The past two years, the food festival was reduced to a drive-up or drive-through experience due to the COVID pandemic.
After a two-year hiatus, the Hazon Michigan Jewish Food Festival is back live and in-person 11 a.m. to 4 p.m. Sunday, Aug 21. Weaving the themes of Jewish living, sustainability, community and above all — nourishment — event organizers expect hundreds of attendees to attend from all backgrounds in a gathering that for the first time will take place at the DNR Outdoor Adventure Center, 1801 Atwater St., Detroit, which is located at the intersection of the Dequindre Cut at the Detroit River. Admission into the Outdoor Adventure Center will be free during festival hours.
“Hazon has long focused on food as the foothold into a larger conversation about environmental sustainability,” said Hazon Detroit Director Amit Weitzer.
“The importance of stewarding and connecting with Earth is a part of how we engage as Jews.”
In the past two years, Weitzer said the food festival was reduced to a drive-up or drive-through experience due to the COVID pandemic. Supporters of the food festival were given food baskets or drove up to vendors to sample or purchase food from local food artisans and companies.
Weitzer added that this year, the festival will take place in indoor and outdoor areas and will provide flexibility for the comfort levels of participants who may still be hesitant about crowds in the age of COVID-19.
Weitzer said Hazon Detroit invites the Jewish and wider Detroit community to “lean into” the nurturing feeling of coming together in person that the festival provides. Visitors can stop by the booths of partnering organizations to learn about the work they are doing in sustainability and community building initiatives. Of course, she added, there will be plenty of food to sample from a rodeo of food trucks with food to purchase, inlcuding Treat Dreams, Chef Cari, Nu Deli, Shimmy Shack and Drunken Rooster.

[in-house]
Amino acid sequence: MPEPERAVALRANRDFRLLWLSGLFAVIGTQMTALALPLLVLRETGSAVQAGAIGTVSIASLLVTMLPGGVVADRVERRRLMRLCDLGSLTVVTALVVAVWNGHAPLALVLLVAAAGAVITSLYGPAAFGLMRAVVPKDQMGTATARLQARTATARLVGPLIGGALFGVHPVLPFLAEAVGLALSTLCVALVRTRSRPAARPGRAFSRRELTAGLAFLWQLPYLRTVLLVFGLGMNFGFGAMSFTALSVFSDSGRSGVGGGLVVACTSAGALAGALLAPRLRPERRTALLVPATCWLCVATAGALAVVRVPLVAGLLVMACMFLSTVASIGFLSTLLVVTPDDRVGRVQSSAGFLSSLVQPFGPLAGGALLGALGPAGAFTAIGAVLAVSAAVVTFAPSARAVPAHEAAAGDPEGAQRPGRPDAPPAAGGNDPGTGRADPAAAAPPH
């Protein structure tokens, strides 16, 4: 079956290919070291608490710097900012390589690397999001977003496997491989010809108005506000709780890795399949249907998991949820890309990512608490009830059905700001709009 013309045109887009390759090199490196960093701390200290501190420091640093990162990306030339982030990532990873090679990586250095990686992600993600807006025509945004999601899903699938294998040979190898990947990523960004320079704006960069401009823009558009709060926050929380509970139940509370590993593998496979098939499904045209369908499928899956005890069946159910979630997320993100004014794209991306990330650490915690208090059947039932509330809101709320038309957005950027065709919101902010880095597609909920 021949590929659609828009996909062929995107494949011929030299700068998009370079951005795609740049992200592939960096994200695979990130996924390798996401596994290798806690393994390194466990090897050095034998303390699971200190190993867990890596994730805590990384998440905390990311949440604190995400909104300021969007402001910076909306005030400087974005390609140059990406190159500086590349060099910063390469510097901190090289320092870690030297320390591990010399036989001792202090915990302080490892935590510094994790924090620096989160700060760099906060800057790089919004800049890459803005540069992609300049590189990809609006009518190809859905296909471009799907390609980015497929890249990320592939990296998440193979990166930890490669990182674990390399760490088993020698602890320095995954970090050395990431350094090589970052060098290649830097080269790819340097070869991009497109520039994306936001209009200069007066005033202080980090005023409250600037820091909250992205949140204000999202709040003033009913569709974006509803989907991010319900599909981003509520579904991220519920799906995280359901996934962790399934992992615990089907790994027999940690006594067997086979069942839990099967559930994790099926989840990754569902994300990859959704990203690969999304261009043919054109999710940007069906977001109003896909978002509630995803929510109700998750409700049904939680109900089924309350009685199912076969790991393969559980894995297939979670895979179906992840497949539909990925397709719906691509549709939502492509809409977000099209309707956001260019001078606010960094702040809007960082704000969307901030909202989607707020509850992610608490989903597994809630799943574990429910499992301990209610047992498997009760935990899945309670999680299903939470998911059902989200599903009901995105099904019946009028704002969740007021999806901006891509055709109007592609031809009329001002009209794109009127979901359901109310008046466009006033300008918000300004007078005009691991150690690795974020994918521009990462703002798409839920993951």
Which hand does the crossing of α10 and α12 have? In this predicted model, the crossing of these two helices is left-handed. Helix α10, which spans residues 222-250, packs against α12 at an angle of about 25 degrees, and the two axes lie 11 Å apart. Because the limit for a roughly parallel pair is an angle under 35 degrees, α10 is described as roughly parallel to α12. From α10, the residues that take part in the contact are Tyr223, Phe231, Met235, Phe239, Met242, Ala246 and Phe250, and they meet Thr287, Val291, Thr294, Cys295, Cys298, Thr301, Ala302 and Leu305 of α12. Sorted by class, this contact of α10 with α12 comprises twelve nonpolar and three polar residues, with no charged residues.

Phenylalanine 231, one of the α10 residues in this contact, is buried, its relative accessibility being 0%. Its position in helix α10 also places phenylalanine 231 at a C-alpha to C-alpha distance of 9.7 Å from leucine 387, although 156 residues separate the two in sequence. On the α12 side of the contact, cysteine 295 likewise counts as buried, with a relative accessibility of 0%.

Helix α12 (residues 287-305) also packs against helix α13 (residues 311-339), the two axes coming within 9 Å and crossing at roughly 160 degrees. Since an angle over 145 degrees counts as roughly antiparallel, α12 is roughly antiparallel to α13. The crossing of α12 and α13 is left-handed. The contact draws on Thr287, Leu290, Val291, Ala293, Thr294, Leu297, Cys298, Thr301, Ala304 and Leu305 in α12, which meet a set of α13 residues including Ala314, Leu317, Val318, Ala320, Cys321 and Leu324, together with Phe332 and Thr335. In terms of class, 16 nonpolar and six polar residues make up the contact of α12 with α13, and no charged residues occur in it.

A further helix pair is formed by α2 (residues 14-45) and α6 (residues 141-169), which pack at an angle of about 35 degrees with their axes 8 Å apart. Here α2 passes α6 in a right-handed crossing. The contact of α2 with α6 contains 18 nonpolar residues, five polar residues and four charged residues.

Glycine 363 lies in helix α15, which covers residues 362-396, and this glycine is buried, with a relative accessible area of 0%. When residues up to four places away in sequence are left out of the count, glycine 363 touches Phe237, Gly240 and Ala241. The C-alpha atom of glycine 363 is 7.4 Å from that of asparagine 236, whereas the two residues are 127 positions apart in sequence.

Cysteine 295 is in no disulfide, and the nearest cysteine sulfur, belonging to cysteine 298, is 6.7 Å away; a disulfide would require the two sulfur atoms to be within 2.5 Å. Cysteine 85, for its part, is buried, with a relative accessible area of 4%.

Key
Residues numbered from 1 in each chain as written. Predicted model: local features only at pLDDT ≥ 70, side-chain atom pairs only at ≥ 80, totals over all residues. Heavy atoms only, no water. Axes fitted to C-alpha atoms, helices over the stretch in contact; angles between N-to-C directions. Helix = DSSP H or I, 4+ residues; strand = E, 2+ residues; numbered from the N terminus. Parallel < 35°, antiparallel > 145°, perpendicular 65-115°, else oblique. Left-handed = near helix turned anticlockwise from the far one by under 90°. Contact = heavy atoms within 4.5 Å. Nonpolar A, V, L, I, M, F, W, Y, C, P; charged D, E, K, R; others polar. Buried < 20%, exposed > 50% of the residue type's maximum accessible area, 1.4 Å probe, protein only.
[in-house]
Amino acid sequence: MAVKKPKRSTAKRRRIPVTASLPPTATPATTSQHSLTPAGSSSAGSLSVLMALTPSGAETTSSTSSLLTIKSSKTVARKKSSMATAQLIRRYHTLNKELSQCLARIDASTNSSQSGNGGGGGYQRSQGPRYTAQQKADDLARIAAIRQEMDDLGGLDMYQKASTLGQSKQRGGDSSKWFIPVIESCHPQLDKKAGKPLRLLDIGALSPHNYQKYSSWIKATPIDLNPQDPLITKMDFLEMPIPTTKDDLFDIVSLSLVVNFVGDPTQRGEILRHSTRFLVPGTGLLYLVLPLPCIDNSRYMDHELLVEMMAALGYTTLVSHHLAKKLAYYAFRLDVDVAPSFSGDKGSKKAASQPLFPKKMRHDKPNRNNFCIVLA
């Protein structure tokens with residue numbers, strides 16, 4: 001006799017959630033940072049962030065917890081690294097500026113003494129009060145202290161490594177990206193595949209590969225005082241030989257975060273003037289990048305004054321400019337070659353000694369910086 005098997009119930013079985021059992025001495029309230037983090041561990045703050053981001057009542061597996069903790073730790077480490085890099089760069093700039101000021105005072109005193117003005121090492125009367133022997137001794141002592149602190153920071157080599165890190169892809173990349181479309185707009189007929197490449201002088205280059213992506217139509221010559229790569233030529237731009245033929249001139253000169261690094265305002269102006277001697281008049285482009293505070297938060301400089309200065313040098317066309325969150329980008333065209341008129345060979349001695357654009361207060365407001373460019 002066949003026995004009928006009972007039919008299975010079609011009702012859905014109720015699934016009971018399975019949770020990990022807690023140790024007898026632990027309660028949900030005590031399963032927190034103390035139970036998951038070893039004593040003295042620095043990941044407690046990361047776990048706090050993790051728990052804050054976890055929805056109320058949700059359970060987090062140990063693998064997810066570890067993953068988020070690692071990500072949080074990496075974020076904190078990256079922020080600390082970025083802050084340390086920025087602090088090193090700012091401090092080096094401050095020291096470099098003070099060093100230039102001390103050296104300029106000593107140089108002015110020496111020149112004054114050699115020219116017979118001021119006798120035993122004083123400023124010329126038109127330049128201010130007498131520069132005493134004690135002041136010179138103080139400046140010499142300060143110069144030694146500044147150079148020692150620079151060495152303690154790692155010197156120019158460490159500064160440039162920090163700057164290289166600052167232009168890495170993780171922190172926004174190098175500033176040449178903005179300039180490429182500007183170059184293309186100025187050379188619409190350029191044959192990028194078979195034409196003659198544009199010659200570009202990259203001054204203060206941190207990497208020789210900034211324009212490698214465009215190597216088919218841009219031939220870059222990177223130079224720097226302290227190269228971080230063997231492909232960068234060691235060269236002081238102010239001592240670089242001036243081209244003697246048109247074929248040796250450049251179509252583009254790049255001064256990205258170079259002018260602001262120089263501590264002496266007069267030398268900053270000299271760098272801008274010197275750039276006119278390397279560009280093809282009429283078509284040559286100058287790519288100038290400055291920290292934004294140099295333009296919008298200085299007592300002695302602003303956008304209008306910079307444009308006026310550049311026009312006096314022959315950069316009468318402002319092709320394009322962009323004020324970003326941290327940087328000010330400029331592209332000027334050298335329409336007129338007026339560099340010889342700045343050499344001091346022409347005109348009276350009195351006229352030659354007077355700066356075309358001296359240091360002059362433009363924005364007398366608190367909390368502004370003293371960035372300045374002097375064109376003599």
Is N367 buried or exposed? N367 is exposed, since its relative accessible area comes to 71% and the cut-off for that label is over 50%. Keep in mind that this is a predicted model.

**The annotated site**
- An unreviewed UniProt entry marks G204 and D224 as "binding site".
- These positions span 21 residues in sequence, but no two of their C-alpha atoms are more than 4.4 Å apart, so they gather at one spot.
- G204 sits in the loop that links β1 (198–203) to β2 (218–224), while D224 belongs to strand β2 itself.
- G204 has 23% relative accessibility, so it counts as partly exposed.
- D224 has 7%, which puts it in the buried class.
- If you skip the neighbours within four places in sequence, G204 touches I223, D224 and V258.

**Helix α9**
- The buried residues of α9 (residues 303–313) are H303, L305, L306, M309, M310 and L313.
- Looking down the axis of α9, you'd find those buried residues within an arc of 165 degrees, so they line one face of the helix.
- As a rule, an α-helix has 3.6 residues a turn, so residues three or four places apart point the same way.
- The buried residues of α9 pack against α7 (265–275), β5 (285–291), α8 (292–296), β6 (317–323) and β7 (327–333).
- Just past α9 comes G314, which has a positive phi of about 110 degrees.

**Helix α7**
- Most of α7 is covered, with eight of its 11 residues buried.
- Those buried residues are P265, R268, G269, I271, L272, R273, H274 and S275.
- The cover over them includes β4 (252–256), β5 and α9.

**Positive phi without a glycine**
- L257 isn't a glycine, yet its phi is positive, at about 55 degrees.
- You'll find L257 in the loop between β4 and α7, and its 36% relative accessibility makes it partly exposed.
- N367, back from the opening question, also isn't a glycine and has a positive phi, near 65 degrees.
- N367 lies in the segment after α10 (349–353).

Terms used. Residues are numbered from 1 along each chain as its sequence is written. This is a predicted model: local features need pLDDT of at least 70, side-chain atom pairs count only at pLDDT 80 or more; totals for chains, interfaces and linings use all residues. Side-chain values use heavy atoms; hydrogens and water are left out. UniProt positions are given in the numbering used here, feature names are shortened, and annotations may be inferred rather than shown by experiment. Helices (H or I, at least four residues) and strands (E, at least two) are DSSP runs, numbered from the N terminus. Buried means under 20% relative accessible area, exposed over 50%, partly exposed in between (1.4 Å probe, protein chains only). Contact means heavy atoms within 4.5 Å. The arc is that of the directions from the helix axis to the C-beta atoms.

There will also be live music from Joe Reilly and Henry Barnes and the Half Sauers String Band.
The festival is made possible by the generosity of the William Davidson Foundation, the D. Dan & Betty Kahn Foundation, the Ben N. Teitel Trust, Hebrew Free Loan, the Jewish Federation of Metropolitan Detroit and dozens of Jewish and communal organizations.
A Unique Location to Learn
Weitzner said the Outdoor Adventure Center essentially serves first as an interactive children’s museum, introducing urban children to the wonders of the natural bounty of northern Michigan. The center features a 40-foot-tall, manmade, interactive tree; off-road vehicle, bicycle, kayak, canoe and fishing-boat simulators; a life-size beaver lodge and eagle’s nest; an indoor archery range; a 3,000-gallon, freshwater aquarium; and a man-made, 36-foot-tall waterfall.
The top floor of the center features classrooms overlooking the Detroit River. Here is where event organizers will hold interactive classes and workshops and tastings. Zach Berg, co-owner and head cheese monger at Mongers Provisions, will lead a session called “Cheese: Milk’s leap toward immortality” where participants can explore dairy preservation and sample cheeses. Chef Phil Jones of Farmacy Food will lead a workshop called “Sweet Potato Latkes: an edible journey through Black and Jewish cultures.” He will offer cooking demonstrations and samplings as well.
One workshop, entitled “When Manischewitz is Treyf,” will challenge participants ages teen and up to think about whether their values are reflected in choices they make when buying food and drink, said facilitator Avery Robinson.